The phrase “attack on democracy” gets thrown around a lot, by people on all sides of the political spectrum. So I’m not going to use it here in describing the Harper government’s proposed “Fair Elections Act”.
I don’t have to, because Shelia Fraser already called it exactly that. The same Shelia Fraser who Harper praised for “her competence and her courage” for her work as Auditor General exposing the sponsorship scandal of Chretien’s government.
To avoid such hyperbole, I will simply say that if passed it may well be the worst thing to happen to democracy in Canada and anyone supporting it should be charged with treason.
In the interest of full disclosure I’m a card carrying member of the Liberal party. I have donated both time and money to the party. Dismiss this as partisan ranting if you will. Let me assure you though if it was a Liberal government trying to introduce this legislation, particularly in the manner the Conservatives have, my membership card would be lighting my next cigar.
Mr. Pierre Poilievre, Minister of State for Democratic Reform, and Harper’s front man for this bill has described it as “terrific the way it is”. I have to agree with him. If you were trying to create a bill to undermine democracy and help your government get re-elected you would have a hard time drafting a better one.
That Harper’s government has tried to make sweeping changes to election laws without any sort of consultation with either the other parties, election officials, or the Canadian people is bad enough. In fact the only thing worse is those changes themselves. There are a number to be concerned with, and both Canadian and international academics have done a better job covering them all then I could.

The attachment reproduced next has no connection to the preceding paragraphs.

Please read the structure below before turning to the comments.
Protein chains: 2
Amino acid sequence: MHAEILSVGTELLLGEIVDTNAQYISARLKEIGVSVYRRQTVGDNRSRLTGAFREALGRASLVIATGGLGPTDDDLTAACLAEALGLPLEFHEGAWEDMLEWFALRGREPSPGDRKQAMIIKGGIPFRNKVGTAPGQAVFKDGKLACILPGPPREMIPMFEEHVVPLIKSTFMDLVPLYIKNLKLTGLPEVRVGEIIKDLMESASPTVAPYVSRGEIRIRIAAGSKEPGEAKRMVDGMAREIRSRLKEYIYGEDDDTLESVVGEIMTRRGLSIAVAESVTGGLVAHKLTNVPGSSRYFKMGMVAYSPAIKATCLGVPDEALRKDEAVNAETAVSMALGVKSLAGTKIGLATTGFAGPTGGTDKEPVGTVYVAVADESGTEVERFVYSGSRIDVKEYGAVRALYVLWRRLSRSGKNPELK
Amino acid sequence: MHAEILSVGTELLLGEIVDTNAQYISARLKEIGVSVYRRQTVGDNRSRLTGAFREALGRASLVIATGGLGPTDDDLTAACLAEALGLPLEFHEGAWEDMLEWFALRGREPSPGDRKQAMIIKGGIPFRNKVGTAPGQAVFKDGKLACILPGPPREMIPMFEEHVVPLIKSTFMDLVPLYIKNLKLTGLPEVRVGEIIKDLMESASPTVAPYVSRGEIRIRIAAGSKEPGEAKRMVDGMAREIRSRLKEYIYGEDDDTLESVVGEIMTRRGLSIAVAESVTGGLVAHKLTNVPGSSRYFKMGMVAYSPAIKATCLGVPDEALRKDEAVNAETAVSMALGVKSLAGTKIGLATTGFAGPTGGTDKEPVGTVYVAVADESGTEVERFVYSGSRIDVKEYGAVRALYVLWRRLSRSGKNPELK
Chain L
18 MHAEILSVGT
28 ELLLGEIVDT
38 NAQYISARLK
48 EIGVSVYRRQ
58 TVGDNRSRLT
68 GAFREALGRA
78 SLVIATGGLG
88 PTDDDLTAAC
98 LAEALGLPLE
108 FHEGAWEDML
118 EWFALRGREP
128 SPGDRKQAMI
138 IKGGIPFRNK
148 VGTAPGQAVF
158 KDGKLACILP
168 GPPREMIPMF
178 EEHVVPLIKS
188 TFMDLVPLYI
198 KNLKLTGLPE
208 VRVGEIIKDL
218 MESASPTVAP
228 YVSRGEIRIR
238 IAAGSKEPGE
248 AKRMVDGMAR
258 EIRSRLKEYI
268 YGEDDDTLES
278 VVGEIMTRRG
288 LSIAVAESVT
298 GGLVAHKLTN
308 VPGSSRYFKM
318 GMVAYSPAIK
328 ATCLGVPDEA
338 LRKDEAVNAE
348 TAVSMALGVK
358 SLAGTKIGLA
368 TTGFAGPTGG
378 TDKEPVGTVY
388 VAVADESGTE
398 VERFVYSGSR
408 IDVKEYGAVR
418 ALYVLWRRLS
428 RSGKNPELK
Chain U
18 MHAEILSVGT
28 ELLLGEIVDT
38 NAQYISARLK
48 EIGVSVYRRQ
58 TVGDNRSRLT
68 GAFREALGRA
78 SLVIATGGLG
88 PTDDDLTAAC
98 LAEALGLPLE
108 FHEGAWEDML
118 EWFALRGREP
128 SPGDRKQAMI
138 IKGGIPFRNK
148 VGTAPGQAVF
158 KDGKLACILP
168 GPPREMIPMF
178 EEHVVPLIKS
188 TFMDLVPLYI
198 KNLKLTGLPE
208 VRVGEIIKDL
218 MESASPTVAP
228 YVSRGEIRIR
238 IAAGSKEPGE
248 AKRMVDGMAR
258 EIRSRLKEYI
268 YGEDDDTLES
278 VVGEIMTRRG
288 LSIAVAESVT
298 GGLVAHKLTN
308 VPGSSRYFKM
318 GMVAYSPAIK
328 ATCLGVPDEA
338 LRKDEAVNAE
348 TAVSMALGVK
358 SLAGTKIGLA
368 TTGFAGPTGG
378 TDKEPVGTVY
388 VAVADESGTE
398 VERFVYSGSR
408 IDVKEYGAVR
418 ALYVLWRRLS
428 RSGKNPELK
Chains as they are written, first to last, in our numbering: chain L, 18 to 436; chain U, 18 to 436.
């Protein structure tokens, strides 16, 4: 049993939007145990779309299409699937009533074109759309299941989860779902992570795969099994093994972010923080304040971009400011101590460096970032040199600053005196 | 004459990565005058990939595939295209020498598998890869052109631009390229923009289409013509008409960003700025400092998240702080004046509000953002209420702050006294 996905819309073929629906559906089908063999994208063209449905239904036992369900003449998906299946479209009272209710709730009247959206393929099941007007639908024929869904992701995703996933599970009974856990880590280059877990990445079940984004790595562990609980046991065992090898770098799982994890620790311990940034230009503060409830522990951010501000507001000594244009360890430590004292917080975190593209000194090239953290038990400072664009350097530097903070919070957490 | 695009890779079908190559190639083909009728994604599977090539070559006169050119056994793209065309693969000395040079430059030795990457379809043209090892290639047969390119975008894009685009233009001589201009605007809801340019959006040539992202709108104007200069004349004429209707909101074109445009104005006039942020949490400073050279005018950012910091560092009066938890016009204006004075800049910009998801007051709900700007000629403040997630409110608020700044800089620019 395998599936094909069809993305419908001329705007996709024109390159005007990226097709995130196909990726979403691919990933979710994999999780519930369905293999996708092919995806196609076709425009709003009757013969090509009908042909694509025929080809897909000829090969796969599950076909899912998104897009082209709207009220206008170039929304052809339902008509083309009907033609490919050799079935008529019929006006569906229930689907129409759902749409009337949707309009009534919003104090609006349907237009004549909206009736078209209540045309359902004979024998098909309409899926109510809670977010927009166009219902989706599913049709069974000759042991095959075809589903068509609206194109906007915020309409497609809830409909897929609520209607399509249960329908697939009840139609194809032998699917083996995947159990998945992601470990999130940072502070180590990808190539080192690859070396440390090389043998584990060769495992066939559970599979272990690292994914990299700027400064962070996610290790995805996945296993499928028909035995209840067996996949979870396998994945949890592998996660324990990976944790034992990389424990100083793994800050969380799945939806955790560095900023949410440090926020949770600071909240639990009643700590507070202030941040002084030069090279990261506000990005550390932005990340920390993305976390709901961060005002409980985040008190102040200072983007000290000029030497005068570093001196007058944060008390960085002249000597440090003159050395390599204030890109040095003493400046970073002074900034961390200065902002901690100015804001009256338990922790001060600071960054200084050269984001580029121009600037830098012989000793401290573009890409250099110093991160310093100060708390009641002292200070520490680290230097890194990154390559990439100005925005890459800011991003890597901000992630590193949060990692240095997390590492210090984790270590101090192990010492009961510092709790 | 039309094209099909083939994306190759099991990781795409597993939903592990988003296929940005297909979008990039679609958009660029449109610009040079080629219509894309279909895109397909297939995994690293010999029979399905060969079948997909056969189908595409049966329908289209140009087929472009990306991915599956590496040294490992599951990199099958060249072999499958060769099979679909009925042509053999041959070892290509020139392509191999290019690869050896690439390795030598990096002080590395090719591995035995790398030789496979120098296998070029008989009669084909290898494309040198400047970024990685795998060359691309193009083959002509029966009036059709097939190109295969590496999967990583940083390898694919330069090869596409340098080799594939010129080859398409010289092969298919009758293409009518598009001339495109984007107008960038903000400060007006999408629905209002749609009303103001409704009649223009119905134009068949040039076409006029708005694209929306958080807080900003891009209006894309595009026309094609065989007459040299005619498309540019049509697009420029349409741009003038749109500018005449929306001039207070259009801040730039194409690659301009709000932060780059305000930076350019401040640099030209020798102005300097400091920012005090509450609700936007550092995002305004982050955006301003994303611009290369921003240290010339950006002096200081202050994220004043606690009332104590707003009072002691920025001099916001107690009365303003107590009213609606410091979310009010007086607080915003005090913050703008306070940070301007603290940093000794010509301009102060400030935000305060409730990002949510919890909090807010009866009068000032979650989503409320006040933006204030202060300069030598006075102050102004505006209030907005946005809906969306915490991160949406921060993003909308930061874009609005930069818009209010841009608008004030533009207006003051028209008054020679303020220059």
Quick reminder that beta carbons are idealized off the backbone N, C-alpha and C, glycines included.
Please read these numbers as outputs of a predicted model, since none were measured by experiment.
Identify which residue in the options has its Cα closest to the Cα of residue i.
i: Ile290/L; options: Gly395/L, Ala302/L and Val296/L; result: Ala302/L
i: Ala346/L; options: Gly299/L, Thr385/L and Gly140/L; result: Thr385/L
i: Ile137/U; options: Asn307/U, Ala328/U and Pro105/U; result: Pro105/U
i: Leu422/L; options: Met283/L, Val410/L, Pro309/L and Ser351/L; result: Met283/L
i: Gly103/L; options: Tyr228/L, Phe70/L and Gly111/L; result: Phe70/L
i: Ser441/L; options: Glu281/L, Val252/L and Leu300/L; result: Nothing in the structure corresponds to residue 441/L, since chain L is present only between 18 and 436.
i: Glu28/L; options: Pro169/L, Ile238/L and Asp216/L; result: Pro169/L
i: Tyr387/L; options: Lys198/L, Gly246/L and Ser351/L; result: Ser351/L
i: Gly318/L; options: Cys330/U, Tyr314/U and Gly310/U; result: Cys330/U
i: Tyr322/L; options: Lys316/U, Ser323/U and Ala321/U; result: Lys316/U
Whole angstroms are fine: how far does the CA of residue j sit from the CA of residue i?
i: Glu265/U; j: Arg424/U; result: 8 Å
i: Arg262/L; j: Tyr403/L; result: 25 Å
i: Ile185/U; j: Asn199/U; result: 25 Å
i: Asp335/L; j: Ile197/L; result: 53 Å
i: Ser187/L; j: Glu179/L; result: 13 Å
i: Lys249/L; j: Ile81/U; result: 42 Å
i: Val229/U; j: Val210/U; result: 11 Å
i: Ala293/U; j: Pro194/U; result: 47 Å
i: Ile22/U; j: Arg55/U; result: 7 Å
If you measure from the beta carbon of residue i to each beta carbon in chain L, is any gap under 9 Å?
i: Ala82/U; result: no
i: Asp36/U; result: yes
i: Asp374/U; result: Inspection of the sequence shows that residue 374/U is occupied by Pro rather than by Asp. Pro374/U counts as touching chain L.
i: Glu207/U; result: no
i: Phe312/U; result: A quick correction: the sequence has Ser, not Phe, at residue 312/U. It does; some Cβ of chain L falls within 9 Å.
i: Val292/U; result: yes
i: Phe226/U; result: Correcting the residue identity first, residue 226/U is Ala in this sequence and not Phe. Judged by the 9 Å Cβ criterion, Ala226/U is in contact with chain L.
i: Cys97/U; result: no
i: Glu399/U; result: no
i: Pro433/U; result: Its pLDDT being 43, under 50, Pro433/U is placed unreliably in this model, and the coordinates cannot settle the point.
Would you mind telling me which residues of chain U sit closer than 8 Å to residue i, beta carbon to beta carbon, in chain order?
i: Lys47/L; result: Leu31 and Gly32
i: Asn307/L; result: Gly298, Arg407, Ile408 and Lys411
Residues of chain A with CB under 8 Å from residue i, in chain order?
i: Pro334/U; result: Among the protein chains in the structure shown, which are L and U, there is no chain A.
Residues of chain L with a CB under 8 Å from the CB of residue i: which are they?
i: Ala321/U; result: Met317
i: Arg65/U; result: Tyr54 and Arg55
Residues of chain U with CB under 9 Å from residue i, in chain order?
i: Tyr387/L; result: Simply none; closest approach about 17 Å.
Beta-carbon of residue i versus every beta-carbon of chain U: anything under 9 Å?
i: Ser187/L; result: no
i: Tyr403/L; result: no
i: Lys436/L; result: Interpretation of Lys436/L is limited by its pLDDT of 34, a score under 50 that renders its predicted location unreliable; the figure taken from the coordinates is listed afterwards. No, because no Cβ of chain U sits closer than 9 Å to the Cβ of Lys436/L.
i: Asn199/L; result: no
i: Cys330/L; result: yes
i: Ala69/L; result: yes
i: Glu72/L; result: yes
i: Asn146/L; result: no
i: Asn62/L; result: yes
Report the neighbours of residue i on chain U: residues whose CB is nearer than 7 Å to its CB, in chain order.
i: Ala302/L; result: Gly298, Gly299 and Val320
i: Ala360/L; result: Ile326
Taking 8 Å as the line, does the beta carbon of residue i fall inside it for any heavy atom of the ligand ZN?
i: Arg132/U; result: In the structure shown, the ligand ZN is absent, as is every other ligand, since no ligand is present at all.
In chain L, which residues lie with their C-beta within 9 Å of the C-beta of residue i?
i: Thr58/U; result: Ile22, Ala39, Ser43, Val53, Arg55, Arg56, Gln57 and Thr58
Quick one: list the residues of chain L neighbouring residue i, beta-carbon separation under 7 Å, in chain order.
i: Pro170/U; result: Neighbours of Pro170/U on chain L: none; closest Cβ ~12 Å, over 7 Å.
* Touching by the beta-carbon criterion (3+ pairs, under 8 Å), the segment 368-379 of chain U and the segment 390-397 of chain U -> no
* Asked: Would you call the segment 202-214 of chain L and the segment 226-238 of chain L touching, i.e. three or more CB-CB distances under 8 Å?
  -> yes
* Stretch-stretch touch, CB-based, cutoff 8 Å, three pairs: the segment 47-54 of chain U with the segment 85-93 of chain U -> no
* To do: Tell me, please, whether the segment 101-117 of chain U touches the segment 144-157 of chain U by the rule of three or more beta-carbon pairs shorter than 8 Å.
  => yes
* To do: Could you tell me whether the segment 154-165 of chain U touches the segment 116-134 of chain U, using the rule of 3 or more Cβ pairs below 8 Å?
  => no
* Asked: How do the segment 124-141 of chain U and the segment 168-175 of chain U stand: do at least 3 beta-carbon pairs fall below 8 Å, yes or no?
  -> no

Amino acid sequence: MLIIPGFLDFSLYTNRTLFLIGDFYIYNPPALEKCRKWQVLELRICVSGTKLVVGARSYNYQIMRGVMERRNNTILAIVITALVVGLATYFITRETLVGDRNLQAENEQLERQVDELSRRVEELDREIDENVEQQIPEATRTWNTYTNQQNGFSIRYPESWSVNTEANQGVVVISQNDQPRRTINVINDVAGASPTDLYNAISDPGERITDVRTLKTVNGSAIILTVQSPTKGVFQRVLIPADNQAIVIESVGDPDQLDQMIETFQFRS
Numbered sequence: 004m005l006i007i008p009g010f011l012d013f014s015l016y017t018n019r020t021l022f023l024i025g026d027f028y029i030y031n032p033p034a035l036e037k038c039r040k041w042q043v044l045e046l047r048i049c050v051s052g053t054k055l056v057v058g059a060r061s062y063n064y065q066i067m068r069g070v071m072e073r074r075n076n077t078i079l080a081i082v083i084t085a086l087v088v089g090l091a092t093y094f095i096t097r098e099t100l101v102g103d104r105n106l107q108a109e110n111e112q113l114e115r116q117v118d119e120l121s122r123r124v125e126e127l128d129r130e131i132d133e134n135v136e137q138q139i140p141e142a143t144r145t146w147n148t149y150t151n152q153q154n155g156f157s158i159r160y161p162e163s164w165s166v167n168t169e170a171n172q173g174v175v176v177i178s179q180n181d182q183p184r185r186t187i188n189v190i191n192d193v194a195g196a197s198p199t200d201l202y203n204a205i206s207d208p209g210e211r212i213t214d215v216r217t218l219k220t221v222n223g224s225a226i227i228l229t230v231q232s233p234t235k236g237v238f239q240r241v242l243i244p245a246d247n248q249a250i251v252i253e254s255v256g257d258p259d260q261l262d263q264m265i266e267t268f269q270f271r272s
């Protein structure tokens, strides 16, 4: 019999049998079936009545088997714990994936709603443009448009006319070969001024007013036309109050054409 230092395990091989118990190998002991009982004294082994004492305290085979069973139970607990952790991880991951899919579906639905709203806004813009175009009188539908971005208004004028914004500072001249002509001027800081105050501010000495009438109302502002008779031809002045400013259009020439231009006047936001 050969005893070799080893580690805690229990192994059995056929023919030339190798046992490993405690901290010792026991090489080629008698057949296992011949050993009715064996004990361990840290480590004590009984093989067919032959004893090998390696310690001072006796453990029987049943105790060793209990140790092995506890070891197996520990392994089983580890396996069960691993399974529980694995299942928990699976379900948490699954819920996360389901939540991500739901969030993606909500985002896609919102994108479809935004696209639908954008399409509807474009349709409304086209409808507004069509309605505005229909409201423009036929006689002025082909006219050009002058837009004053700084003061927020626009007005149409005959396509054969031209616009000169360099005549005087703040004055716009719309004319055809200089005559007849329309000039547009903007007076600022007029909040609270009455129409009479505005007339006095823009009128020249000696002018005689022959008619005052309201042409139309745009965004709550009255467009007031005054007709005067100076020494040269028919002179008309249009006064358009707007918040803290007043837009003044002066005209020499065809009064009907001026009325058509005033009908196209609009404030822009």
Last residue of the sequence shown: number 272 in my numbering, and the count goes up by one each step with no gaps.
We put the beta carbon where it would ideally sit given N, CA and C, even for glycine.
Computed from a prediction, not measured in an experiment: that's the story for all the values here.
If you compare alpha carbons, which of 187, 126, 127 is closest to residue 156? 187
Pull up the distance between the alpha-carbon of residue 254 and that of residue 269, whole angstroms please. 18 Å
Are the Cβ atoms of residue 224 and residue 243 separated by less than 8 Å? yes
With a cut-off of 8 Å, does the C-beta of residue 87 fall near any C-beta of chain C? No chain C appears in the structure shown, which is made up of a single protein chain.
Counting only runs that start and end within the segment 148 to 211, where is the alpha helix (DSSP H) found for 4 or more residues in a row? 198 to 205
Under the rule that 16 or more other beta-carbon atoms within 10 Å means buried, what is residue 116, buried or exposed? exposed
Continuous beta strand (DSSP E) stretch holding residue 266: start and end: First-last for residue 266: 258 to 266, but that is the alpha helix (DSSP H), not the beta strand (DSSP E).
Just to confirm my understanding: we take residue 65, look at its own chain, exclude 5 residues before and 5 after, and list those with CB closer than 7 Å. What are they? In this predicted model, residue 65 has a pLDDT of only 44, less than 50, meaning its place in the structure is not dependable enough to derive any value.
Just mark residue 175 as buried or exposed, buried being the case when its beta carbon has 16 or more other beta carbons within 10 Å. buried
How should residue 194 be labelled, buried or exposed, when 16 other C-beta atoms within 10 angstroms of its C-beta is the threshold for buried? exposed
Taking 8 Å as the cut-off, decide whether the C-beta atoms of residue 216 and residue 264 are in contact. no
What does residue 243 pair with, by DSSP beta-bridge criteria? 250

Suffice it to say we should be deeply suspicious of an act which gives the government an advantage in appointing local election officials, more than doubles the amount of money candidates may donate to their own campaign, and in one of it’s most concerning features forbids Elections Canada from encouraging people to vote.
Aside from knowing low voter turnout most often favours incumbents, if Elections Canada doesn’t have a mandate to encourage voting who does? The political parties themselves, say Conservatives, which seems odd since lack of interest was a top reason given by non voters last federal election. To put it another way as West Wing junkies all know, the marketing campaign for New Coke failed because no one liked New Coke.
The title of this posting is a nod to a Beatles song. The lyrics to which include “we all want to change the world”. The Conservatives aren’t trying to change the world with this bill, just the rules for elections upon which our democracy is built.
To borrow from Ringo and the boys again all Canadians should tell Harper’s government, “when you talk about destruction, don’t you know that you can count me out”.